It was a tough Tuesday for U.K. Prime Minister Theresa May as the House of Commons handed her three significant defeats in the space of one hour. All three votes were connected to the Brexit issue, which is coming to a head in Great Britain as the March 31, 2019 exit date looms.
In 2016, the United Kingdom voted to leave the European Union. Since then, May has been tasked with coming up with a deal in which the United Kingdom can leave the union while remaining on good terms with Europe.
May’s compromise deal, called a “soft Brexit” by detractors, is in peril. She issued a fiery defense of the deal in advance of the votes, warning that “Brexit could be stopped entirely” should the deal be voted down next Tuesday when it is scheduled to be voted on by Parliament.
While May recognized the criticisms of the current deal, she argued against scrapping it. “We should not let the search for a perfect Brexit prevent a good Brexit that delivers for the British people.”
“And we should not contemplate a course that fails to respect the result of the referendum, because it would decimate the trust of millions of people in our politics for a generation.”
One of the votes held May’s government in contempt of Parliament for refusing to publish the legal advice it ordered in connection with the “Irish Backstop” issue. The Parliament then voted again to publish the text of the legal advice. Attorney General Geoffrey Cox was even facing the prospect of being suspended from Parliament over his refusal to publish the advice.
Succinctly put, the Irish Backstop issue is meant to make certain that the border between the independent Republic of Ireland and U.K.-controlled Northern Ireland remain open regardless of the United Kingdom’s future relationship with the European Union.
These votes prompted the government to reluctantly publish the advice, a portion of which argues that, because of the Irish Backstop issue, the U.K. could be linked long-term to the EU in an unofficial trade union and still be subject to many EU laws.
From the legal advice: “While it will not be directly bound by EU rules, GB [Great Britain] will be obliged to observe a range of regulatory regulations in certain areas, such as environmental, labour, social and competition laws (the “level playing field”), which reflects varying levels of correspondence to EU standards.”
The third vote, which is potentially the most damaging for May, was an amendment brought forth by Tory Brexit opponent Dominic Grieve, which lays out what might happen should May’s deal be rejected next week. That amendment specifies that, should May’s deal not be accepted, the government would have to come back to the House of Commons within three weeks to discuss what course will next be taken. This will give members of Parliament (MPs) a significant say in how the U.K. would precede on Brexit.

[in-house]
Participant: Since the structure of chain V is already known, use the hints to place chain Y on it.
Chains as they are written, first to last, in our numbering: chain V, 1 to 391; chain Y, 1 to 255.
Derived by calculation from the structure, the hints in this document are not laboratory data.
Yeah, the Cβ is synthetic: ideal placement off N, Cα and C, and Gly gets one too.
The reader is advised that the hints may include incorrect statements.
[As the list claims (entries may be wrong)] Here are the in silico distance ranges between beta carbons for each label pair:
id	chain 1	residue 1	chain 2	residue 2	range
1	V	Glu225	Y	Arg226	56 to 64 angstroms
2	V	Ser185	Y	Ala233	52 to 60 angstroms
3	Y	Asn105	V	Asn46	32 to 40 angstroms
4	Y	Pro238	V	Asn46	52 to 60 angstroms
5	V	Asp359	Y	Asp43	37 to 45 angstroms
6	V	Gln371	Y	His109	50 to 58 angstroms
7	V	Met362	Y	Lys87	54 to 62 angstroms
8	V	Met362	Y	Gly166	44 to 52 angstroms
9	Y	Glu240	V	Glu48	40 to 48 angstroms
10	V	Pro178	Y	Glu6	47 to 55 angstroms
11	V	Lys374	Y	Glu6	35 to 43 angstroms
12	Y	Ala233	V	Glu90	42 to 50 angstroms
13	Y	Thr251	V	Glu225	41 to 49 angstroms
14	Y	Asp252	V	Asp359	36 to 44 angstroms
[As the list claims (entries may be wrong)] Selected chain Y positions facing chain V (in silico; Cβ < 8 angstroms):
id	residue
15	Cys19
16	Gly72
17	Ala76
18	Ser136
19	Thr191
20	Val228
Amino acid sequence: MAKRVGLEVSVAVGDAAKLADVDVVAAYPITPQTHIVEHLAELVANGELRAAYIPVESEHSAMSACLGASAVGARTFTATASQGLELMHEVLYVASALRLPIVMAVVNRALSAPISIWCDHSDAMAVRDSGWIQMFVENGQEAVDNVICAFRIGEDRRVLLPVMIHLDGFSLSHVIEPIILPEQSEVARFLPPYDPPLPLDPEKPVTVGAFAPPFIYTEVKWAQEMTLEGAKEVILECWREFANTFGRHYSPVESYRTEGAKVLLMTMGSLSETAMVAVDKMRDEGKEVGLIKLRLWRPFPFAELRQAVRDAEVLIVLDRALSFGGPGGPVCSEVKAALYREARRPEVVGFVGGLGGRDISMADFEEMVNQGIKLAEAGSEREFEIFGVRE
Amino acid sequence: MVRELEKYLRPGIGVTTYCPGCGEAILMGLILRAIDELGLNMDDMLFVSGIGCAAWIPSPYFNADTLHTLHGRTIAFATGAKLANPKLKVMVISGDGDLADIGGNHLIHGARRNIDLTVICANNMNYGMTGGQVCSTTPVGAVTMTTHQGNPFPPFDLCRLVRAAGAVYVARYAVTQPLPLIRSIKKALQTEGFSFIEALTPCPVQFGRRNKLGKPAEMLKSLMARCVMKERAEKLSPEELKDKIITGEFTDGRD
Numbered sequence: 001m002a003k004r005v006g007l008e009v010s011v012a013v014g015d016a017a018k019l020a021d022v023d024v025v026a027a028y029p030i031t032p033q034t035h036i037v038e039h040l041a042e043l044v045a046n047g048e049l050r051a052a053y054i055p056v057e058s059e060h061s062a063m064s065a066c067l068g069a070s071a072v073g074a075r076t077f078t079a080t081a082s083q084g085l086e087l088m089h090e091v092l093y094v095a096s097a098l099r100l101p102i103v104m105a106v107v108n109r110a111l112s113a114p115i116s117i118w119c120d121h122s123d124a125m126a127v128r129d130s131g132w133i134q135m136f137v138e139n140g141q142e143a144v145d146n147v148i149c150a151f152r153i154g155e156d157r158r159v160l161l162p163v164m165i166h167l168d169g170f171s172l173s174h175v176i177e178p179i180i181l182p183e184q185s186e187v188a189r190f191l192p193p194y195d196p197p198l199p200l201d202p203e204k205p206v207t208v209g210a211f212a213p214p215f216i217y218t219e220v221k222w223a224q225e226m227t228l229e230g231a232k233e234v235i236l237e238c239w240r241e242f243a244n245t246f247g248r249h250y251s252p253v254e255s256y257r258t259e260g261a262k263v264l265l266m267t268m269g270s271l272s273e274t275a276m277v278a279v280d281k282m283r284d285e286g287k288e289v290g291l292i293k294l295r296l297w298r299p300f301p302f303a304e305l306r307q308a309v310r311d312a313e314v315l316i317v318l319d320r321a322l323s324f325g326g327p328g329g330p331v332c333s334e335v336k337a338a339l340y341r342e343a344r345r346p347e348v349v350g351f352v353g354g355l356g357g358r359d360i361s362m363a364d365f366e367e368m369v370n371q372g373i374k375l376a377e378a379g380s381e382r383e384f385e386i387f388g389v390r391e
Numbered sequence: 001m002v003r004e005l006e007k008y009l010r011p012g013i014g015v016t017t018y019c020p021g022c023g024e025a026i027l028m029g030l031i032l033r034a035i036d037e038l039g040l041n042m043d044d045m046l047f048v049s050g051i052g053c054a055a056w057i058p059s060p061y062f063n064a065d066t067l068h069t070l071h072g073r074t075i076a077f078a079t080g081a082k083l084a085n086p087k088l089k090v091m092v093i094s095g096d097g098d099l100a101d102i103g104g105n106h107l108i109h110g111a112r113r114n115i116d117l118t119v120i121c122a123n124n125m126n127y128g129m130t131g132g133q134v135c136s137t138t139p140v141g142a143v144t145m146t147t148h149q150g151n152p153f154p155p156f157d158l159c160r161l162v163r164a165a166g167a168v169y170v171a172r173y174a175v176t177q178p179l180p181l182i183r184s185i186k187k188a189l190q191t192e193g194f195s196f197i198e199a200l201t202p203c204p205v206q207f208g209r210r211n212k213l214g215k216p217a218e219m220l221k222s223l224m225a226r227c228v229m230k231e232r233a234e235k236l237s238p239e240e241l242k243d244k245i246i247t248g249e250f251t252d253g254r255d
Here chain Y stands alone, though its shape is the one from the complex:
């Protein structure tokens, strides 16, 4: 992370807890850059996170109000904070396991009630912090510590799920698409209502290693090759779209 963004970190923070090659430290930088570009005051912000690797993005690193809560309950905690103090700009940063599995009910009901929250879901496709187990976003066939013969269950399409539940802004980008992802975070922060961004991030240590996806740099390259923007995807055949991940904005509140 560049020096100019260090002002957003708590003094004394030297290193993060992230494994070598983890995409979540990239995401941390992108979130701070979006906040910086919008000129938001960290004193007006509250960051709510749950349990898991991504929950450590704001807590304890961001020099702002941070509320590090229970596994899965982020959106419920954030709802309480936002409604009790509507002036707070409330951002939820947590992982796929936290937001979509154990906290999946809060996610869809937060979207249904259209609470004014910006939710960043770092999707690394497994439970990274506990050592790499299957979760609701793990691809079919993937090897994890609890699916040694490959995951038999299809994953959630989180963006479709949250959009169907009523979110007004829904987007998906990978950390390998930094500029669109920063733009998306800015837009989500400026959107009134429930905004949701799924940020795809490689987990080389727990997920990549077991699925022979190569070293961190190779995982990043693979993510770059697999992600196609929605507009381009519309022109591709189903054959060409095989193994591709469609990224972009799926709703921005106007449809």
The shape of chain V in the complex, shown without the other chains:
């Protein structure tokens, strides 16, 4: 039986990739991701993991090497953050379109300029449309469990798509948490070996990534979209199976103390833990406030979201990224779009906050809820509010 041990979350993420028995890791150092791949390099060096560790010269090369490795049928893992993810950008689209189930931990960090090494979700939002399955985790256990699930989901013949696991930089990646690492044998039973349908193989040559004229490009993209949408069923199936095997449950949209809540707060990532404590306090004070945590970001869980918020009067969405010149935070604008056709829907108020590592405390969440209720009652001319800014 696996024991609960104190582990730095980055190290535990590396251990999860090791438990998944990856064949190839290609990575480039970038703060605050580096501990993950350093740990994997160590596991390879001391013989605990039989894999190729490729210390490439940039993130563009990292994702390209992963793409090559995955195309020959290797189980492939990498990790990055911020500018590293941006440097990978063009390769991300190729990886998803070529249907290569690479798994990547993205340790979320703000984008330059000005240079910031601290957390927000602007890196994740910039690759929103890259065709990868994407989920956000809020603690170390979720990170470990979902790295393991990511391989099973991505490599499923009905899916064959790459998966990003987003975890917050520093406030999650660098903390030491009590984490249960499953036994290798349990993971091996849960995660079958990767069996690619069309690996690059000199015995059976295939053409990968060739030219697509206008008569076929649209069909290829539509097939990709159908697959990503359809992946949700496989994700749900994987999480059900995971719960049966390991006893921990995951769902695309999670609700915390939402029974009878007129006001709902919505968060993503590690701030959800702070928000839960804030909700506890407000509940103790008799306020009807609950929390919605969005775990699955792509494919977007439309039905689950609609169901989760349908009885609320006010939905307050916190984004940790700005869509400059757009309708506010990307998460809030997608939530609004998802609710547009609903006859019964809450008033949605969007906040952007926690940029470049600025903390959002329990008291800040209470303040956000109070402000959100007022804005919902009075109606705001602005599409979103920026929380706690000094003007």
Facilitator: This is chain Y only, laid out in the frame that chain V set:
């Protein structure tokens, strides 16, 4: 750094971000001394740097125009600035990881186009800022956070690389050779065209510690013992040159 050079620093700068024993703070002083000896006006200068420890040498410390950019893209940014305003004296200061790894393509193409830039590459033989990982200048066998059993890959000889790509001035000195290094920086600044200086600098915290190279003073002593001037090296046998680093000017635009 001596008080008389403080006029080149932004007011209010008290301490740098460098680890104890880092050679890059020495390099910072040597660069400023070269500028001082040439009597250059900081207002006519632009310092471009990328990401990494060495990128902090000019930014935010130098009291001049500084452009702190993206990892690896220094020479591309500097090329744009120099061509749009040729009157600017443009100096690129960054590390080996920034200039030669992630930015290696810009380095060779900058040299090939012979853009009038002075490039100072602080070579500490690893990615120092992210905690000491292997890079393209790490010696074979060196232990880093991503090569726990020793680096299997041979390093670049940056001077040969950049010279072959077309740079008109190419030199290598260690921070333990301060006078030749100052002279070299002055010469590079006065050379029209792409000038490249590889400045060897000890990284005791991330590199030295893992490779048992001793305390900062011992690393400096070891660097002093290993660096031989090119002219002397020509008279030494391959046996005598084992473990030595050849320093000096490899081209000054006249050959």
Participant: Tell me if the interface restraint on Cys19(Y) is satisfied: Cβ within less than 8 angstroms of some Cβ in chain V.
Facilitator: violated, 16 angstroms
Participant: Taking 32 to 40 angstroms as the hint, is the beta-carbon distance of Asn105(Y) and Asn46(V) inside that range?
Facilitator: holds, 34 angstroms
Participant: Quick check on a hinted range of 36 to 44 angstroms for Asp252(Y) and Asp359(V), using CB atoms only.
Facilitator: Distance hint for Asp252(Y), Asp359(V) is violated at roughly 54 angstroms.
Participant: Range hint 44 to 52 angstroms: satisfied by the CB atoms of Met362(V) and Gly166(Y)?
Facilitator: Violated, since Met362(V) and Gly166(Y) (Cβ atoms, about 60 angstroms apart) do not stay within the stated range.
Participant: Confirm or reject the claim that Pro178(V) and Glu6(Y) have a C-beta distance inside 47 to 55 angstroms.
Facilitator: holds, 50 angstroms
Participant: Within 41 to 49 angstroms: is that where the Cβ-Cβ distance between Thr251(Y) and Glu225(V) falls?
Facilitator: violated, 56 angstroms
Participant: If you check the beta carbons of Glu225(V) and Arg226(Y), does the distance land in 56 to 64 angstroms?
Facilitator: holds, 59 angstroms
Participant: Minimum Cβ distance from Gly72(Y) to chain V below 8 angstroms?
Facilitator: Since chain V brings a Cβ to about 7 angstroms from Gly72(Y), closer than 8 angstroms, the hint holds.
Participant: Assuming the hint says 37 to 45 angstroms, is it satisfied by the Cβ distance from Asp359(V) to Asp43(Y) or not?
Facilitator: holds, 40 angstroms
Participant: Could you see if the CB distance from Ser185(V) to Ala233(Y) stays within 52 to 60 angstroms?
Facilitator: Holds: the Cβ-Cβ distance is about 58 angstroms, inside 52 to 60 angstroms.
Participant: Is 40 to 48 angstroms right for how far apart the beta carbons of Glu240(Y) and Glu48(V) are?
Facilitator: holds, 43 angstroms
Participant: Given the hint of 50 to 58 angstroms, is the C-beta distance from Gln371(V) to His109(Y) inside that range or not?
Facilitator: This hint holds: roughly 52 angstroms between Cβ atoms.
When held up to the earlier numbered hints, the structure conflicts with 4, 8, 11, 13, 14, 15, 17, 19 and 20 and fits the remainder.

Among the likely options MPs would consider, should the Grieve amendment be triggered, might be that Great Britain would stay in a permanent customs union with the EU, engage in a membership agreement in the single EU market or decide on a new referendum where voters would again decide whether to leave the EU — a “do over” of the original Brexit vote.
26 Tory MPs abandoned May and voted for the Grieve amendment, a sure sign of May’s weakened influence in her own party.
In other Brexit related news, the European Court of Justice (ECJ) ruled that, under Article 50 of the EU treaty, the government of Great Britain has the right to unilaterally decide, against the wishes of its citizens, to cancel the decision to leave the EU, up until the time when a formal agreement is reached.
The statement from the ECJ, which is non-binding, declared that “Article 50 allows the unilateral revocation of the notification of the intention to withdraw from the EU.”
It’s an ugly, complicated mess. Should no agreement be reached — which seems likely at this point — it could mean that Great Britain might remain in the EU, against the wishes of its own people. Another possibility is Great Britain could leave the EU with no deal, which could lead to economic chaos, not just in Europe but worldwide. The EU might also establish a border between the Republic of Ireland, an EU member, and Northern Ireland, which is a part of the United Kingdom of Great Britain and Northern Ireland. And neither Ireland nor Northern Ireland wants such a border.
PM May might have been in a no-win situation from the start. Both sides of the argument seem dug in, with compromise appearing impossible. The only way to avoid this kind of international entanglement is to not engage in multi-national agreements such as the EU in the first place.